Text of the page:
Why aren’t electric vehicles being pushed where they’d benefit most?

According to the World Health Organization, Fresno has the 2nd worst air quality in the country. Bakersfield, our valley neighbor, is first. This is not a surprise to anyone who lives in the valley or reads the local newspapers.

But what is a surprise is how little people seem to care, especially at the local government level. The feds have established a $29 million annual penalty that the valley must pay (guaranteed for 2012 and 2013, will extend as needed) because the air quality doesn’t meet standards. The money will stay in the valley to help subsidize purchases of clean school buses, clean lawn mowers etc etc.

The problem with this system is that $29 million a year won’t exactly solve the problem. So if ONLY the fine system is used, we’re going to be paying the fine for a very long time (and it will go up in the future).

So what about one of those fabled public-private partnerships? A way in which we can help clean up the air, while actually encouraging business sales?

For example, why not take further action to support the electric vehicle here in Fresno?

I’ve been reading about a whole range of cities like San Francisco, Boston, Washington DC, Miami etc etc that have partnered with businesses to install EV charging stations to encourage the purchase of electric vehicles.

Chains like Costco and Walgreens have announced programs to bring EV charging stations to their parking lots.

But not in Fresno.

Apparently, our fine urban area of over a million people has a grand total of two EV charging station. San Francisco had more than that 15 years ago.


These stations aren’t even “real” charging stations. They’ve been installed by Nissan to charge their Leaf test drive vehicles at the dealership. Are they open to the public? During business hours yes, but the dealers aren’t located in places people would actually need to stop and charge, like the mall, or downtown. And most people aren’t comfortable pulling up their non-Nissan vehicle to the Nissan dealership to charge.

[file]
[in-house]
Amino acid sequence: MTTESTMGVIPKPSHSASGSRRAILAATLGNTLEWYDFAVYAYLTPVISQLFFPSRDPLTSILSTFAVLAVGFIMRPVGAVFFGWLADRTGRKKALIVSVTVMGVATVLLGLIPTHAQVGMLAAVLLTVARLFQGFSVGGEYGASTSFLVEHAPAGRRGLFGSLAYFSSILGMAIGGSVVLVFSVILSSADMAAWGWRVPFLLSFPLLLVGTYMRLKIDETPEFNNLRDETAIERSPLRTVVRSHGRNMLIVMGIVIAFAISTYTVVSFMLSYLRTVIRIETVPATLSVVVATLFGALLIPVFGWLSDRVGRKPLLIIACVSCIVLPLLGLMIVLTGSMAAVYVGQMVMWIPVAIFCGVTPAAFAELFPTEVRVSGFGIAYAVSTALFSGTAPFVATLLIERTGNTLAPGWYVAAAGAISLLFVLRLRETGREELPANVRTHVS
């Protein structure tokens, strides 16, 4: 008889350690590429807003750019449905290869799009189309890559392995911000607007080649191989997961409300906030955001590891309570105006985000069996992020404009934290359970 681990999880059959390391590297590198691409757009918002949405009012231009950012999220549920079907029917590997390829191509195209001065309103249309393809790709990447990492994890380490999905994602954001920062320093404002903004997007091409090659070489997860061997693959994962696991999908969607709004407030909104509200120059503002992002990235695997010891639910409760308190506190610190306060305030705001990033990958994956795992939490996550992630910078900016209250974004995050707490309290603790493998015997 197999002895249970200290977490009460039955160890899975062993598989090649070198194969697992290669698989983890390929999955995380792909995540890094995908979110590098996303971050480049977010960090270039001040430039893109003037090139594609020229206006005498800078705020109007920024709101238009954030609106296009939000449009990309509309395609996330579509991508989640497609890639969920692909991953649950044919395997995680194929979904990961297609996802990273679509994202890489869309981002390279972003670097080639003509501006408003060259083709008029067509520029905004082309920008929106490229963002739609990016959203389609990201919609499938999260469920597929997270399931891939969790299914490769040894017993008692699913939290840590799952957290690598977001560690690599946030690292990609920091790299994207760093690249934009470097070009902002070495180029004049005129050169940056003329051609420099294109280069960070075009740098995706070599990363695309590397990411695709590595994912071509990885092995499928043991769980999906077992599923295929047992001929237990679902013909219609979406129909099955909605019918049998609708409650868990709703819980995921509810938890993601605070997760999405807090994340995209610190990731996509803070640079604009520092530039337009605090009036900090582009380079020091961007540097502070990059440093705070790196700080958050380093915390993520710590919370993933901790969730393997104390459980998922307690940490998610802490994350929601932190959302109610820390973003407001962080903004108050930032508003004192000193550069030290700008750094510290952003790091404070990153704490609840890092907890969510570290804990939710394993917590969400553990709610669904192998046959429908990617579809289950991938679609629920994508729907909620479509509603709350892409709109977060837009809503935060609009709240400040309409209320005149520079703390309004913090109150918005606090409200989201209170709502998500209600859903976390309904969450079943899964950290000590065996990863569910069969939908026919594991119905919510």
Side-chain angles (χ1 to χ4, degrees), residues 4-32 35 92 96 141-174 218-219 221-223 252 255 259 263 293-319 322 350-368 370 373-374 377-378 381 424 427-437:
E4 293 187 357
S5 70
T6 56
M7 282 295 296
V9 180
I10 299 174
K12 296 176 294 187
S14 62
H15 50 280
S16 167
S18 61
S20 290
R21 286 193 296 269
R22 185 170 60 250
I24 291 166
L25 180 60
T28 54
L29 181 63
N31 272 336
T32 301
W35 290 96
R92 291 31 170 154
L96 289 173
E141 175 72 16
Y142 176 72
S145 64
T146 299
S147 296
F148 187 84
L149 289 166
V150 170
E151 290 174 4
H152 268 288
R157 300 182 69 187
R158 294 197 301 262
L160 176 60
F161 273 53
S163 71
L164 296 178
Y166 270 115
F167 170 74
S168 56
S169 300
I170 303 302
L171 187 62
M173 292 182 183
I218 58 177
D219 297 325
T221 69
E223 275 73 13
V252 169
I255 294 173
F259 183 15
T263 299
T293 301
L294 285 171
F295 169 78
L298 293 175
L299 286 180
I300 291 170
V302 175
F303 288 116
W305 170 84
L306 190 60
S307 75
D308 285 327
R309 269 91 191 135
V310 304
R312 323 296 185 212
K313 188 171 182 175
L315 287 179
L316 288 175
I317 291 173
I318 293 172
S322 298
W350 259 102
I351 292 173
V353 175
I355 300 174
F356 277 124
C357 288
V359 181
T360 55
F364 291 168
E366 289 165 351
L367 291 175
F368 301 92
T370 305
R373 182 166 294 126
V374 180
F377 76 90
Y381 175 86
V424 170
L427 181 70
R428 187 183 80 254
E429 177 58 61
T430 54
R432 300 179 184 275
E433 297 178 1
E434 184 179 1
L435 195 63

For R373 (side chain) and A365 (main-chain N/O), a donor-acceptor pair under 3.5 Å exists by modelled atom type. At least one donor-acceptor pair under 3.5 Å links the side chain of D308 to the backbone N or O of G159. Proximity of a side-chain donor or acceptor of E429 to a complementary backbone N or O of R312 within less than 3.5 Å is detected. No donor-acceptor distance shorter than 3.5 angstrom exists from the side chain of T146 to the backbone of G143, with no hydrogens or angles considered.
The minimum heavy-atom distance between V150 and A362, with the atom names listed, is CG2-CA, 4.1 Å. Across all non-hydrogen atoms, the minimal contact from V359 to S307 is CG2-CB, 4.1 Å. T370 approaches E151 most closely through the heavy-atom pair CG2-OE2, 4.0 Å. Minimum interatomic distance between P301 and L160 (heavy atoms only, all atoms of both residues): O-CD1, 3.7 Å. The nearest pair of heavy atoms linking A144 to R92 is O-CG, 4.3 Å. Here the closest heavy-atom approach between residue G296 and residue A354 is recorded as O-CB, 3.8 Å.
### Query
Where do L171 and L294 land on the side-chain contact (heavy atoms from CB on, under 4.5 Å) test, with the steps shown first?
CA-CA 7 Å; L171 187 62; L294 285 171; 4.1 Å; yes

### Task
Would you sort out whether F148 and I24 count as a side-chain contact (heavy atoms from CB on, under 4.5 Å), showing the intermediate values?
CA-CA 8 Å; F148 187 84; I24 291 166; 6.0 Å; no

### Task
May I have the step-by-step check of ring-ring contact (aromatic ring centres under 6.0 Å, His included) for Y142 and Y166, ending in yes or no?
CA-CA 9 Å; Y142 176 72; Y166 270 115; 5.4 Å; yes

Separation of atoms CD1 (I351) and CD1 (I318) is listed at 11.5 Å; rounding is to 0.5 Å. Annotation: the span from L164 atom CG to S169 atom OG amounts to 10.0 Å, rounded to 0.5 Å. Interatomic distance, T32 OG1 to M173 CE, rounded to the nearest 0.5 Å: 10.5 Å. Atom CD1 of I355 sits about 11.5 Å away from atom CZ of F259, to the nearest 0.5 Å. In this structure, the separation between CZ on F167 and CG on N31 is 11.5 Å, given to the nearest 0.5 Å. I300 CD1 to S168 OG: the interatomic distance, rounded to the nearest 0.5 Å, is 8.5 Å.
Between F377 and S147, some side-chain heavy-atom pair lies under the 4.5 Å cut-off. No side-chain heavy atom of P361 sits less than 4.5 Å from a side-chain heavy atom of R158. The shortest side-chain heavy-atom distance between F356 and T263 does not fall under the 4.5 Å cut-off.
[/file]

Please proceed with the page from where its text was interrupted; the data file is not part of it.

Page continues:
Meanwhile, San Francisco has dozens. Look at just this small sample downtown.


Indeed, this map shows us that the bay area has over 100 charging stations. Merced, Visalia and Fresno have a combined total of 6….all of them Nissan dealership installations.


We need electric vehicles more than the bay area does, so why hasn’t their been a bigger push to establish them here?

2 Replies to “Why aren’t electric vehicles being pushed where they’d benefit most?”

  1. You have a few options at home. All EVs accept the standard 110v charging plug we all know and love. Problem is, this method takes 10+ hours for a full charge. This is called "level 1"

    So most owners purchase a $1,000+ home charging station, which uses 220v power (same as your dryer). This gets the charging down to a more manageable 6+ hours. This is called "level 2". This works well for charging while you sleep at home.

    Now, the thing with EVs is they have a limited range (well, just like a gas vehicle relying on a single tank). So sometimes an EV user will want to "top off" because they think they won't make it home. Natural places for these public stations are locations where the vehicle would park anyway. Supermarket, mall, dentist etc etc.

    As no Ev owner wants to sit around for 6+ hours, public chargers must at least be level 2, and preferably level 3, which can give you an 80% charge in 30 minutes.

    This is what Fresno lacks.

    Likewise, someone driving from LA to SF, probably wont be able to do it, because the valley has nowhere to stop and charge.

    These public chargers are important because they eliminate "range anxiety". If people think they'll be stranded, they won't buy an EV. Knowing that chargers are as common as gas stations ends that fear and promotes purchases.

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